• "about a day of effort per page of human-written proof". That would be a fairly standard parsing speed for a human in many fields. – SE - stop firing the good guys Jul 31 '20 at 10:17
• @SE-stopfiringthegoodguys, sure, but see my point about having to first formalize all of the tens of thousands of prior results that the new paper relies on. (Also see the comment about another study suggesting the cost might be more like a week per page.) – D.W. Jul 31 '20 at 15:38
• Thanks for updating your post! By the way, one more reason to formalize known or new mathematics in such conditional theorem form is that it makes it modular. As I am sure you know, modularity means that you can focus your attention on a part that you want to without having to look at other parts. This is why there are many results of the form ( RH ⇒ Q ) where RH is Riemann's hypothesis. Despite RH not being proven yet, these results actually lend weight to the importance of focusing on RH. Of course we hope not to find ¬RH in the end. =) – user21820 Aug 2 '20 at 3:04

I can give a direct answer to (2): $$P\ne NP$$ has been stated in Lean (along with the other main results of Cook's paper, where the conjecture was first described), as part of the Formal Abstracts project.

• Has any one tried by auto? – cody Aug 5 '20 at 16:25

I believe your question is not that much of a proper theory question, so with your permission I'll give it a not-so-technical answer.

Why are people not using proof assistants that could verify whether a proof of P vs. NP is correct?

Because CS theorists rarely (perhaps extremely rarely) write proofs in machine-verifiable form.

How hard or how much effort would it be to state P vs. NP in a proof assistant in the first place?

Very hard at least in the "uninteresting" sense that @DW explained; but it could be anywhere from easy to impossible in the "interesting" sense of expressing the concepts in a proof, if it were to exist.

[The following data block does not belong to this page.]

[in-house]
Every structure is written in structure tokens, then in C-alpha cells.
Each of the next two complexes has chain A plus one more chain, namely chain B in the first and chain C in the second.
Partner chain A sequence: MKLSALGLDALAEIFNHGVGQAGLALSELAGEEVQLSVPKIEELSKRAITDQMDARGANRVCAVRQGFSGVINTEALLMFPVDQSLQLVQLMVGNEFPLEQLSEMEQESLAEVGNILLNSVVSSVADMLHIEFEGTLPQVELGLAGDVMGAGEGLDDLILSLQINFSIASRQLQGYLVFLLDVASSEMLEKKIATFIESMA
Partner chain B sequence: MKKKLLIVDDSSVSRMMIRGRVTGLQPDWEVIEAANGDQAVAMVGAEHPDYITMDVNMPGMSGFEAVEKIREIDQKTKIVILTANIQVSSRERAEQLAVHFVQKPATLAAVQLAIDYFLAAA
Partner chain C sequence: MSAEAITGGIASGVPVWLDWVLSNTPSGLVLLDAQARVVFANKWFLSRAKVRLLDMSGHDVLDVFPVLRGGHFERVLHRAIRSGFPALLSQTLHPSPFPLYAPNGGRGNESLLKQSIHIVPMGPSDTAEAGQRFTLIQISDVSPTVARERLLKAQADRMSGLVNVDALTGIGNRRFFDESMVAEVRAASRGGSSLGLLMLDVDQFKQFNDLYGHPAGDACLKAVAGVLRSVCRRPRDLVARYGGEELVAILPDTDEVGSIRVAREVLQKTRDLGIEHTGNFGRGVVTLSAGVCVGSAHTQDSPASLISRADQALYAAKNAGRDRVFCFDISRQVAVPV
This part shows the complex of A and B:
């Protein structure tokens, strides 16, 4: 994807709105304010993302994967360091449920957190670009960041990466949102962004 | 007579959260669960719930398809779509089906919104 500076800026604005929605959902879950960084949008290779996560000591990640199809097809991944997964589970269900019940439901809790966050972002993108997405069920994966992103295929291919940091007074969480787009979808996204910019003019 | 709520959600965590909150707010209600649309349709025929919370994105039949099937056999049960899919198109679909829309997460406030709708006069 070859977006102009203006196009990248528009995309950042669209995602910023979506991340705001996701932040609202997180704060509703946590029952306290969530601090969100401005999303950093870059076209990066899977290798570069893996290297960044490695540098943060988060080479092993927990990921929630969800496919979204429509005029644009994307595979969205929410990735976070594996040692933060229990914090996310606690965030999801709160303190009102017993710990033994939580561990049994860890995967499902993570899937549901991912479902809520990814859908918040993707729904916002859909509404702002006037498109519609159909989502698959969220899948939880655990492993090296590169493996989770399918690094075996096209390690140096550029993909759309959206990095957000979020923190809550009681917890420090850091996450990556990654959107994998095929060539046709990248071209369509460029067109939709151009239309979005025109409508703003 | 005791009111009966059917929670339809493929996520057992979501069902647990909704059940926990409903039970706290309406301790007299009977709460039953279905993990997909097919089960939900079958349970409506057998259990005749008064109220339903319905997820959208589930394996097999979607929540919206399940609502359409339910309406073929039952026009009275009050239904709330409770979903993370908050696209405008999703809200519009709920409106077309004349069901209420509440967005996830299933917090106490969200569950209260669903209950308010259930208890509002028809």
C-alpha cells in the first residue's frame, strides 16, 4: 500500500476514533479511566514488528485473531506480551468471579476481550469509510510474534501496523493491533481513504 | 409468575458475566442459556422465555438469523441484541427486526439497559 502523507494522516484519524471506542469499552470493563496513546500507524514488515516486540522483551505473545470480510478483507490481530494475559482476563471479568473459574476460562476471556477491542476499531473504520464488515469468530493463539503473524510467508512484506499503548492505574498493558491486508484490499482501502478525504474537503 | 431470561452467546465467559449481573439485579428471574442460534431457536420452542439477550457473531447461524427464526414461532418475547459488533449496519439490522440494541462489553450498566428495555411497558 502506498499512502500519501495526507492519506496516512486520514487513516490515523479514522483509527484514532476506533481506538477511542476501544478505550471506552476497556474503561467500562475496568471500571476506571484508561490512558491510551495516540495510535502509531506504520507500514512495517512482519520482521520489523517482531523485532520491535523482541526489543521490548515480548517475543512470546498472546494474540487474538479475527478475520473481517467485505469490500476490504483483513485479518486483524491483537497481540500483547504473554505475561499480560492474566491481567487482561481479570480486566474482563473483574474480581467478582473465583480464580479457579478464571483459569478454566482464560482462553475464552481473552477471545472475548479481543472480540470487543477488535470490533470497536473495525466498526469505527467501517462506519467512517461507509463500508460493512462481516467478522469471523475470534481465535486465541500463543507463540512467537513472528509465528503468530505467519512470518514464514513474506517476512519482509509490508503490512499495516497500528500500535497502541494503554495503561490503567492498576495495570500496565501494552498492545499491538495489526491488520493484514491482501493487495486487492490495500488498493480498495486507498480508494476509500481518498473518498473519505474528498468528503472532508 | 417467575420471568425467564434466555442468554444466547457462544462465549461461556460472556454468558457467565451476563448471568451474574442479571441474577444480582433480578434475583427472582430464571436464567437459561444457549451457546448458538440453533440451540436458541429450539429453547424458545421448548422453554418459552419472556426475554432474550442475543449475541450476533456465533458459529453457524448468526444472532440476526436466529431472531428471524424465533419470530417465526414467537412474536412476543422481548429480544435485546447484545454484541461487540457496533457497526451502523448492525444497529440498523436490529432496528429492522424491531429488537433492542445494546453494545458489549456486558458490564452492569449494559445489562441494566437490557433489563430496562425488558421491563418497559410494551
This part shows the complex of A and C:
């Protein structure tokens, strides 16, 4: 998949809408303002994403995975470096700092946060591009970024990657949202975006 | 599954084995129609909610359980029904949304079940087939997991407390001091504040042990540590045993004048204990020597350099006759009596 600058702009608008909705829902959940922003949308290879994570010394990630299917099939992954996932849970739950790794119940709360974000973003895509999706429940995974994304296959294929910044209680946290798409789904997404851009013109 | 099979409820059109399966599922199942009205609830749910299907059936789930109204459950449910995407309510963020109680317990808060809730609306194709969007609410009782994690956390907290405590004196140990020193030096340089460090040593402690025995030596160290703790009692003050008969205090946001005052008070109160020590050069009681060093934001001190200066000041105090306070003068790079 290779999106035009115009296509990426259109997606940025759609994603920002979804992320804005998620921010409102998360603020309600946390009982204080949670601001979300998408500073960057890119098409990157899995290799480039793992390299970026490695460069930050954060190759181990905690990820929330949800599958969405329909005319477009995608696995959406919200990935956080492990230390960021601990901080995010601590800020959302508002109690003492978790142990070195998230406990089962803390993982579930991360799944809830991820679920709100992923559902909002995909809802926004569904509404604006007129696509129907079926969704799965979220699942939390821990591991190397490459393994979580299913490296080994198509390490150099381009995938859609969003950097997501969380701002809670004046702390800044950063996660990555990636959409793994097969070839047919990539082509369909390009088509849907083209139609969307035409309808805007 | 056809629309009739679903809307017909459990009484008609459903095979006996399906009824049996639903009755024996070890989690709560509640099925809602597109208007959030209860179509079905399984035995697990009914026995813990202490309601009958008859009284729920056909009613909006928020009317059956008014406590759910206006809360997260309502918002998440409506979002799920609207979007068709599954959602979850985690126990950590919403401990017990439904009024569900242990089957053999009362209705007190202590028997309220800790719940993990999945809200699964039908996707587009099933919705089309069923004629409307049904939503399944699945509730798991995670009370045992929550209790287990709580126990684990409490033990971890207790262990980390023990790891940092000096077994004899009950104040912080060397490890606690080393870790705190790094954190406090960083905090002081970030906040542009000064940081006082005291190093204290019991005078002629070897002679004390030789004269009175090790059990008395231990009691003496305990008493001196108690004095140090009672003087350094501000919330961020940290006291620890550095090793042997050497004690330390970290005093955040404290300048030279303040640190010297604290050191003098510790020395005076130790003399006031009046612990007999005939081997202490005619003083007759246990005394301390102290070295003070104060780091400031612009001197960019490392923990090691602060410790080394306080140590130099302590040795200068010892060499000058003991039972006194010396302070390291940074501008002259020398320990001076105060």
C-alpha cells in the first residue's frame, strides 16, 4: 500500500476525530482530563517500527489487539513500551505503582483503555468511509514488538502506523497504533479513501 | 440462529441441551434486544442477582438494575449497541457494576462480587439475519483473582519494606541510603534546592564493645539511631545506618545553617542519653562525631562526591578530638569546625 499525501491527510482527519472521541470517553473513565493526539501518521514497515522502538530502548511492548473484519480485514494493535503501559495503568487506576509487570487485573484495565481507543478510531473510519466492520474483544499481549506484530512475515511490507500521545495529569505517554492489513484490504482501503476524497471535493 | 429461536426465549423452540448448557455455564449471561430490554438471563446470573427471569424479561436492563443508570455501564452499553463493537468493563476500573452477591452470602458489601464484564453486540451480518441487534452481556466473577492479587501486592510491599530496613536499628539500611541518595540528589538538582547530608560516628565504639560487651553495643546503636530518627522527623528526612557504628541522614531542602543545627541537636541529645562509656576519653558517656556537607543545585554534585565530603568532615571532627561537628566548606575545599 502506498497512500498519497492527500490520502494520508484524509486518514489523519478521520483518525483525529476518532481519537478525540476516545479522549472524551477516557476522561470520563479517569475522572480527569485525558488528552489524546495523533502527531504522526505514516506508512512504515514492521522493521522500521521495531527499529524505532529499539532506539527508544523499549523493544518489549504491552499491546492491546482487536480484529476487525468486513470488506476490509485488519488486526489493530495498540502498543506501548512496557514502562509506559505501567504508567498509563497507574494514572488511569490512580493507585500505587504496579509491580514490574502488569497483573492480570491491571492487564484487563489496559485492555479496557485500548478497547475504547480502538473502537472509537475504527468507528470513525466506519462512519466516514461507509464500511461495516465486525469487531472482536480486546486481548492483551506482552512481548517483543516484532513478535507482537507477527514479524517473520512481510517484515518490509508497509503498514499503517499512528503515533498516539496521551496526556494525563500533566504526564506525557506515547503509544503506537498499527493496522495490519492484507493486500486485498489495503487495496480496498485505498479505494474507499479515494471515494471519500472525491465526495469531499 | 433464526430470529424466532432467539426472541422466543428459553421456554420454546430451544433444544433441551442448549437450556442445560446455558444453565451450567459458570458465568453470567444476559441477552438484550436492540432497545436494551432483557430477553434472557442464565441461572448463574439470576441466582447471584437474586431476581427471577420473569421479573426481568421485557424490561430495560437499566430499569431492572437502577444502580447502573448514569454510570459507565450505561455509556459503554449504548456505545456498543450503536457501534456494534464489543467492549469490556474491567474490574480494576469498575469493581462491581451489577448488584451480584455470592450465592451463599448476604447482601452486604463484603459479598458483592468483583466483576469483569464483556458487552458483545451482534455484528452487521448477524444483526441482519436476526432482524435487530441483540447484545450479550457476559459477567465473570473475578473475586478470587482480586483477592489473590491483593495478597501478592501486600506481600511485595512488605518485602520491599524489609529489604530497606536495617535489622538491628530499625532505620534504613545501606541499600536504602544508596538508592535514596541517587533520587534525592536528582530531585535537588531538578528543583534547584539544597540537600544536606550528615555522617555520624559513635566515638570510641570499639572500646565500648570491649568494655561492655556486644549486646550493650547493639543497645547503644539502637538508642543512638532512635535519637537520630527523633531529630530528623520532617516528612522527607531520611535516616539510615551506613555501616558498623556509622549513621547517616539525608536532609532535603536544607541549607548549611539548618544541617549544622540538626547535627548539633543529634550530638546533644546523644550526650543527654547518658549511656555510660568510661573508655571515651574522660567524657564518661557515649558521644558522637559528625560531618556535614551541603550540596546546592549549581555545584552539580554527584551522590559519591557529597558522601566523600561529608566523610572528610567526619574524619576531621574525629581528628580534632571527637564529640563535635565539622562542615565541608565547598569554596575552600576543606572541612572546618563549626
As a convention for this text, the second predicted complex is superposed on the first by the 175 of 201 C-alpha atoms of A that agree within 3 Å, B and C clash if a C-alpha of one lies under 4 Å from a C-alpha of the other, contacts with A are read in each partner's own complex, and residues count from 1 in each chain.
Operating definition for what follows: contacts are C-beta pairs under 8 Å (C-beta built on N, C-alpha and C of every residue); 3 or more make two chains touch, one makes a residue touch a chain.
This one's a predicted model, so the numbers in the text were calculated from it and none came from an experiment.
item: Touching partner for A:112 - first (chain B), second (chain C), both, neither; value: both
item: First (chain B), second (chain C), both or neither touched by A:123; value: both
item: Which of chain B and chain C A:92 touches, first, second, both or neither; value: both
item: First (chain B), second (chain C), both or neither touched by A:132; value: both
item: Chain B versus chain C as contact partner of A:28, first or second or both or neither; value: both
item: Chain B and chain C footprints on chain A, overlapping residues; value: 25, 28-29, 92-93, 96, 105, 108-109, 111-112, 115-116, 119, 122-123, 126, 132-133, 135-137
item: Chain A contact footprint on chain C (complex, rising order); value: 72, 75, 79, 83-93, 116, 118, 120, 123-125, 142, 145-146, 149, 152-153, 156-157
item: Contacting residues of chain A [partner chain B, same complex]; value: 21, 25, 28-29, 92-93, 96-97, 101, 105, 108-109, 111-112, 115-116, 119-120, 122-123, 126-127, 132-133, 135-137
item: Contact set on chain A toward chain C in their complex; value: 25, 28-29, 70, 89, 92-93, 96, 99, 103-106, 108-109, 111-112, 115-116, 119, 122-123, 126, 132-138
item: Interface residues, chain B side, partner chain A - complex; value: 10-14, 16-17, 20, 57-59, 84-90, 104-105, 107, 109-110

But you know, this will never happen because:

1. Until a proof is found it can't be done anyway
2. You have to know the proof like the back of your hand to convert it into machine-verifiable form.
3. ... and when enough people know the proof, they will either have found a flaw or be satisfied that it's valid and not care about machine-checking it.

Is there currently any software that would be at least in principle capable of verifying a P vs. NP proof?

I'm not well-versed enough in proof verification software to comment about what's actually implemented, but it's probably nearly-impossible to answer your question, because - who knows what form such a proof will take? And thus - how would you know, now, if it's expressible in such a way that your proof verifier can process?

• We could ask whether Wiles' proof for Fermat's Last Theorem can be verified by any software. I know it can't be verified by me :-) – gnasher729 Aug 2 '20 at 21:19
• @gnasher729 From cs.rug.nl/~wim/fermat/wilesEnglish.html: "I expect the problem [of verifying a proof of FLT] to be solved in around fifty years, with a very wide margin. On this page, I try to explain some aspects of the problem, and to give relevant links to the literature and to other web pages." – Alexey Romanov Aug 5 '20 at 19:18
• "In the spirit of a long and strong Dutch tradition." <-- !! – einpoklum Aug 5 '20 at 20:09